The First Week of Breastfeeding: What New Moms Should Know
For new moms, learning how to breastfeed seems like a full-time job. Nourishing your baby and forming a bond takes ample time, effort, and emotional resilience, especially within the first week, says Susan Fuchs, MS, IBCLC, lactation consultant with Jefferson Health – New Jersey.
Luckily, you don’t have to face it alone. The biggest step you can take to prepare for breastfeeding is to have backup on standby, suggests Fuchs. “Support is crucial for new moms. Know who you can call for help – whether it’s a friend, family member, or medical professional – and allow yourself to be helped!”
The First Feed:
After a traditional hospital birth, lactation consultants and/or nurses assist new moms with positioning and securing a latch. It’s important to feed for about 20-40 minutes within the first hour of your baby’s birth; at this time, their reflexes and instincts are especially strong, explains Fuchs. “The sooner you feed, the sooner your connection starts and the easier they latch on.”
The ‘Power’ of Your Early Milk:
There are three distinct stages of breastmilk: colostrum, transitional, and mature. Colostrum, commonly called “liquid gold,” is produced within the first two to three days and is yellow to clear in color. Colostrum “kick-starts” your baby’s immune system, as it’s full of helpful antibodies and proteins that fight infection, explains Fuchs. “It also flushes out your baby’s gastrointestinal tract and coats it with a protective barrier. Some colostrum remains in the transitional milk period until around day five.”
Finding the Right Position:
The right position is whichever one is most comfortable for you and your baby, says Fuchs. Two common and ideal positions for early breastfeeding include:
- Laid-back: Mom partially reclines (relieving stress) and uses her arms to cuddle/soothe the baby, rather than hold them up. Baby lies chest-down on mom’s abdomen and is in control of the feed.
- Cross-cradle: Mom controls the feed, as she supports the back of the neck/lower head of baby and has a full view. This is helpful for babies who experience more trouble latching.
Regardless of which position you prefer, the following tips can be helpful:
- Bring your baby to your breast, not your breast to your baby.
- Bring your nipple to your baby’s nose, not their mouth, to promote a wide mouth latch.
- Align your ear, shoulder, and hip as straight as possible, so your baby is centered and not reaching over their shoulder to drink.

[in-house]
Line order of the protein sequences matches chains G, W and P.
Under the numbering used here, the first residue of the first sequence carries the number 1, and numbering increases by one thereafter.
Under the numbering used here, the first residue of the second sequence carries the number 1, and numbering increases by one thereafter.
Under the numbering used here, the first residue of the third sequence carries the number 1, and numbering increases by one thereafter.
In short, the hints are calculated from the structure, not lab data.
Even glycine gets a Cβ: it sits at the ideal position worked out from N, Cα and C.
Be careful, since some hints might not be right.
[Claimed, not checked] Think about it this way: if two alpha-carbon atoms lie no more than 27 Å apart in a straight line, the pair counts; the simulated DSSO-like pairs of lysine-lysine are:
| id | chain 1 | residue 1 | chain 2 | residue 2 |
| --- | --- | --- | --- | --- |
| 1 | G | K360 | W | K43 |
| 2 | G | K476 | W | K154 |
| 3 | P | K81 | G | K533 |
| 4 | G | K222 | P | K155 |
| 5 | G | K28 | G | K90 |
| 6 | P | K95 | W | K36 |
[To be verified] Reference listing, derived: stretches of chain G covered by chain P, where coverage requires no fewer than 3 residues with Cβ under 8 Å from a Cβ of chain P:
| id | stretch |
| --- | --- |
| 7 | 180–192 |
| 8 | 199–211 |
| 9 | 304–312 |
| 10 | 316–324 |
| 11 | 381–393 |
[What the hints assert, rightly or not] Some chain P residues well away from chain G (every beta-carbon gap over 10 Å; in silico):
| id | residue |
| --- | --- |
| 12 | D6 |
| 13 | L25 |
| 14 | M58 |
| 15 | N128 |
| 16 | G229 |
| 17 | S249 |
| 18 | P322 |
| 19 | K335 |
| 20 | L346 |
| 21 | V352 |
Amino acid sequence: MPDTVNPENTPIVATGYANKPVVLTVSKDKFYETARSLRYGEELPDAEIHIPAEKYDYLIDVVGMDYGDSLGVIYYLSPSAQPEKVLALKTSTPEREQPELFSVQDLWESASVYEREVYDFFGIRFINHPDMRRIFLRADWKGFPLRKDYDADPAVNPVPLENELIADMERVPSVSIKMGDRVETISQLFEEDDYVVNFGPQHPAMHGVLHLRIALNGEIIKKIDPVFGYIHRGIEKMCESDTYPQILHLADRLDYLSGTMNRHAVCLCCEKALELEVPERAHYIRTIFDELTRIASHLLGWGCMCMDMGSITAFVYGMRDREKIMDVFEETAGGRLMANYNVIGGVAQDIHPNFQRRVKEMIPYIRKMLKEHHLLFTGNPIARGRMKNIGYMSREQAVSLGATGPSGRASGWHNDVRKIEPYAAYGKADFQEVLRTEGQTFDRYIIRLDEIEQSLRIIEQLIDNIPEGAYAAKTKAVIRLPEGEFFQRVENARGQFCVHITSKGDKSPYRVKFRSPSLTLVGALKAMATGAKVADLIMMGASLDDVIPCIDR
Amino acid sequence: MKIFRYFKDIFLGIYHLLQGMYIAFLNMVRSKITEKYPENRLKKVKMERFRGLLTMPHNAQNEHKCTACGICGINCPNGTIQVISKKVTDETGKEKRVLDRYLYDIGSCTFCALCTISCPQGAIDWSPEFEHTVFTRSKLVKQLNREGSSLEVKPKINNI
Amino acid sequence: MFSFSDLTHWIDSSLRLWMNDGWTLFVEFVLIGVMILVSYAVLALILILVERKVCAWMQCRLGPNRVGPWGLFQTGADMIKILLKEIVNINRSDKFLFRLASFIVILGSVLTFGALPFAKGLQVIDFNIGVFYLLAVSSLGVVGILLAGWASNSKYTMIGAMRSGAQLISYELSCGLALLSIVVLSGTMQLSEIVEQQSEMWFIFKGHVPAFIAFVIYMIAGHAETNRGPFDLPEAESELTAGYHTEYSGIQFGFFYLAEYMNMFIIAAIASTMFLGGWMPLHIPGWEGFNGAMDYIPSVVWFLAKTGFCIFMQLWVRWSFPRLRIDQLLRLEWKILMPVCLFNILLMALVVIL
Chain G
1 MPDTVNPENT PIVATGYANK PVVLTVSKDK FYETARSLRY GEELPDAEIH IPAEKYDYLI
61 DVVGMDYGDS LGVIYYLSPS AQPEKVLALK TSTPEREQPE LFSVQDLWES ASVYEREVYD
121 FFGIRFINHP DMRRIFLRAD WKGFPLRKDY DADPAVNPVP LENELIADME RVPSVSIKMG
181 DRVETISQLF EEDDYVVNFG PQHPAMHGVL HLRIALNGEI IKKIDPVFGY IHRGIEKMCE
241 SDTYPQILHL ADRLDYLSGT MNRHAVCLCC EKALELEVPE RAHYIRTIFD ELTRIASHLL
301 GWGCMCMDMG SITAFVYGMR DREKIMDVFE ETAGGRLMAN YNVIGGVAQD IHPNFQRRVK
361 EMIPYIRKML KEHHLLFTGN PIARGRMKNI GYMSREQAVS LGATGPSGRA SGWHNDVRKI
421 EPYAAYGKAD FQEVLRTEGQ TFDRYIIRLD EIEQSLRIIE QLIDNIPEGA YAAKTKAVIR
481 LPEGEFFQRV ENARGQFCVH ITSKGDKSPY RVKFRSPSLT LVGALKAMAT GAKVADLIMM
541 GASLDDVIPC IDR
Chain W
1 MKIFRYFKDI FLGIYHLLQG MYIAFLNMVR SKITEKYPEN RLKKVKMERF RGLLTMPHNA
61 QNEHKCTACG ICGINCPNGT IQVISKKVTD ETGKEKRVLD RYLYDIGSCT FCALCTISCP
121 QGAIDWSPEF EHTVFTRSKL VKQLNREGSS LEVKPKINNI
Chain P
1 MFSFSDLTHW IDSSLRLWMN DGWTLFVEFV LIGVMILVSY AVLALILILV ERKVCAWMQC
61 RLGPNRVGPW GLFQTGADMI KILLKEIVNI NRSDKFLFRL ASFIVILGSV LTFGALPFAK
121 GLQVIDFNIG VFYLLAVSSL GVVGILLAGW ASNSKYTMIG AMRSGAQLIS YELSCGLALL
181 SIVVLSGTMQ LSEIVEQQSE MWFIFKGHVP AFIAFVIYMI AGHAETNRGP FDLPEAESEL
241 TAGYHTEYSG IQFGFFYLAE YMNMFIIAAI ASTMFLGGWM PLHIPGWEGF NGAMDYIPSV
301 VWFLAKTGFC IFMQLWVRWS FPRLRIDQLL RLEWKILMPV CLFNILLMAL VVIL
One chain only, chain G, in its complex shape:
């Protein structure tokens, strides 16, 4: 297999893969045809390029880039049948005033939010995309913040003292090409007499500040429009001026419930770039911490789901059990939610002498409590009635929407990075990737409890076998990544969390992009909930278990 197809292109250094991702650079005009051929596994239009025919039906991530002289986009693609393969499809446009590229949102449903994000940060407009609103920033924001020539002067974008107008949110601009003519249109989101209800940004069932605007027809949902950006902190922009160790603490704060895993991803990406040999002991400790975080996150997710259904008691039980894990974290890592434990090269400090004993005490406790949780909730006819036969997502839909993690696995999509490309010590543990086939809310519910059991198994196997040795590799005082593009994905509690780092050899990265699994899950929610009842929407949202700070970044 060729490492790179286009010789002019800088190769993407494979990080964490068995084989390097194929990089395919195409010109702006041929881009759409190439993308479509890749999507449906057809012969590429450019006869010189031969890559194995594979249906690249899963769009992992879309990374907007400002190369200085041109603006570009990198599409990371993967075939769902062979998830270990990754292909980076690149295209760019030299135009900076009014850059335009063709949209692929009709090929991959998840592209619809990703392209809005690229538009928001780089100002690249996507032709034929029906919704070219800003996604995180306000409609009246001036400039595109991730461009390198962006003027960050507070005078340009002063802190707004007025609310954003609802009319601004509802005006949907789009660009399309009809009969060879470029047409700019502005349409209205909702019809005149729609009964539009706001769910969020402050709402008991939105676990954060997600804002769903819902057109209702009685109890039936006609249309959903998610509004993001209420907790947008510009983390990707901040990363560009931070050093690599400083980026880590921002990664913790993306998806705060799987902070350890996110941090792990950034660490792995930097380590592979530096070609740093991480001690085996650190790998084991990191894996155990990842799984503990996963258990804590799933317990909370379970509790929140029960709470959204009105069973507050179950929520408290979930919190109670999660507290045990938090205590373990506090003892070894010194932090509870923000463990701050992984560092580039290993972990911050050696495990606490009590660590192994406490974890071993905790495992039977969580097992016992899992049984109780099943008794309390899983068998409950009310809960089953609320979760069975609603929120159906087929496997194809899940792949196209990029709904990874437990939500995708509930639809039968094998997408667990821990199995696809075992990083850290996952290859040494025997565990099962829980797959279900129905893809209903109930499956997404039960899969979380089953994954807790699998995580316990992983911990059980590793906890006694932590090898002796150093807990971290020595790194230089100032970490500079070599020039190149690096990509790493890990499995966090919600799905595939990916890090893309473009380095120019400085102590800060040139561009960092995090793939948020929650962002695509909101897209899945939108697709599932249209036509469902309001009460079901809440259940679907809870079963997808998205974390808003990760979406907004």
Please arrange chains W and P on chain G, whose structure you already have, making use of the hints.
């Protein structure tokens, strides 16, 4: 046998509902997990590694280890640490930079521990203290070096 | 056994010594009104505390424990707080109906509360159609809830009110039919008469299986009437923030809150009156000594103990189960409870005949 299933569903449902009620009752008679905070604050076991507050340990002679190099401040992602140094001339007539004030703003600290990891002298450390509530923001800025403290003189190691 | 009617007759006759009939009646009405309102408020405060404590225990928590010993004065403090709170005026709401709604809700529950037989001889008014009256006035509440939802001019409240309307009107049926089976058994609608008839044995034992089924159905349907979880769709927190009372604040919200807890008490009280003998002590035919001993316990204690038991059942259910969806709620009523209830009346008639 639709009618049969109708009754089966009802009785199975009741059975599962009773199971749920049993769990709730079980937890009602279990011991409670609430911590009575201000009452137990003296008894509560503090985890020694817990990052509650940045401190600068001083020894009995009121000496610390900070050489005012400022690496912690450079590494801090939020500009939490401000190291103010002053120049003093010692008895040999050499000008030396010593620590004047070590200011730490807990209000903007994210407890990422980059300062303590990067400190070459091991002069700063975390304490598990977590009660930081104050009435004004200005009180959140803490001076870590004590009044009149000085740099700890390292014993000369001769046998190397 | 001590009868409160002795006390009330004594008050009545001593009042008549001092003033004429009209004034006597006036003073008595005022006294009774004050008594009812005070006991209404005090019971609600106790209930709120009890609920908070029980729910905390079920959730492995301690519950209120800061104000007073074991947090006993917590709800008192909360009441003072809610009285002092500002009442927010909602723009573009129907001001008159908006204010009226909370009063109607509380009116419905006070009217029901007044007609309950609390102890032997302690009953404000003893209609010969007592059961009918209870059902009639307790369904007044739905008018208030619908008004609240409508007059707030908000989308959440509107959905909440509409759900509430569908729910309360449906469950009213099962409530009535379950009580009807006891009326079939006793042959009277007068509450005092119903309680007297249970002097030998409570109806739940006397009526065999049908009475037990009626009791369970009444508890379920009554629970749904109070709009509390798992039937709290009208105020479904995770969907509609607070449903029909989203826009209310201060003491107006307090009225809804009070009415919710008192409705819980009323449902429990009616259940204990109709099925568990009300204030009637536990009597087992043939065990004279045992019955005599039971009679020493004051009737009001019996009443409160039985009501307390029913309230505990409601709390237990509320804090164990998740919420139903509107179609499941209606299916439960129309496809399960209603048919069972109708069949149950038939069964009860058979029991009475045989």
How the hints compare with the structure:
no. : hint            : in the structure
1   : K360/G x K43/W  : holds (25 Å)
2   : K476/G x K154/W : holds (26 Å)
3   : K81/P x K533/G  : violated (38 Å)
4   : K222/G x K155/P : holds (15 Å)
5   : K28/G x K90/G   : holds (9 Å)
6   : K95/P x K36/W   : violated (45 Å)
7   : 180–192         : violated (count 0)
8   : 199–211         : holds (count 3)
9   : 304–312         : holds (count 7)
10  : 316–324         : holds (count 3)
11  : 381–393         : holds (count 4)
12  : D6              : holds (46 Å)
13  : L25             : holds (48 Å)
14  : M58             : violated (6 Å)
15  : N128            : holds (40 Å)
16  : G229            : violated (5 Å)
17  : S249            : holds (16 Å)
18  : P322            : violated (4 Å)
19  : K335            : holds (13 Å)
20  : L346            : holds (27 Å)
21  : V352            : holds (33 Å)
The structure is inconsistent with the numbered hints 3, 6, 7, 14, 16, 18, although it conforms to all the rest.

Skin-to-skin contact can also make a world of difference when feeding. Not only does it help nurture your relationship, but studies show it can also help regulate your baby’s temperature, breathing, and sugar levels, as well as enhance their confidence and ability to cope, adds Fuchs.
How Often Should You Feed?
The rule is “8 or more in 24,” says Fuchs. This averages out to a feed about every two to three hours. Most feeds are substantially shorter than the first, lasting about 10-20 minutes at most.
How Can You Tell If Your Baby is Hungry?
Learning your baby’s hunger cues is incredibly important. Common signs include smacking or licking of their lips, sticking their tongue out, sucking on their hands, bringing their hands up to their mouth, or crying, continues Fuchs.
How Can You Tell If Your Baby is Getting Enough Milk?
Pay attention to how often they pee and poop, says Fuchs. On day one, babies typically have one of each. On day two, excretions increase to two. As the week goes on, they should steadily increase to four or five of each per day. Your baby’s weight will also be assessed during check-ups.
“When babies are full, they’ll appear very relaxed,” added Fuchs. “If the baby is not latched correctly, they may not be able to transfer milk as well, which can cause pain. Be sure to ask for help if it hurts when the baby is nursing."
Is Engorgement Normal?
While not ideal, some engorgement is natural when milk comes in, says Fuchs. Swelling and tenderness result from hormonal changes, but they should pass within a few days. You can alleviate them with ice and an anti-inflammatory/over-the-counter pain reliever.
If engorgement persists, it may be a sign that you’re not feeding frequently enough or over-producing milk, warns Fuchs. “Try not to overstimulate your breasts by pumping/saving a ton of extra milk. It can send a false signal that you’re providing for more than one baby.”
For Moms Who Are Unable to Breastfeed:
In some cases, health complications and insufficient milk supply (or none at all) prohibit moms from breastfeeding. Coping with the stigma of not breastfeeding can be a heavy burden to bear, and it may even worsen postpartum depression, explains Fuchs. This is another reason why support is so important.
The same medical professionals who help with breastfeeding can also walk you through what comes next when you can’t. Sometimes, medicinal options can help increase milk supply, mentions Fuchs. When these aren’t appropriate or effective, they’ll be able to point you in the best direction for formula feeding and strengthening the infant-maternal bond in various other ways.
You aren’t expected to do this alone, reminded Fuchs. If you run into a problem or have any questions, reach out to your healthcare provider or lactation consultant as soon as possible. Don’t self-diagnose, and don’t ignore it.
“If you just need a break – which is OK and necessary – let someone in your support circle watch your baby,” said Fuchs. “Take time to practice self-care. Do something you enjoy. Breathe. Be patient. This is a special dance between you and your baby, and each dance partner is different.”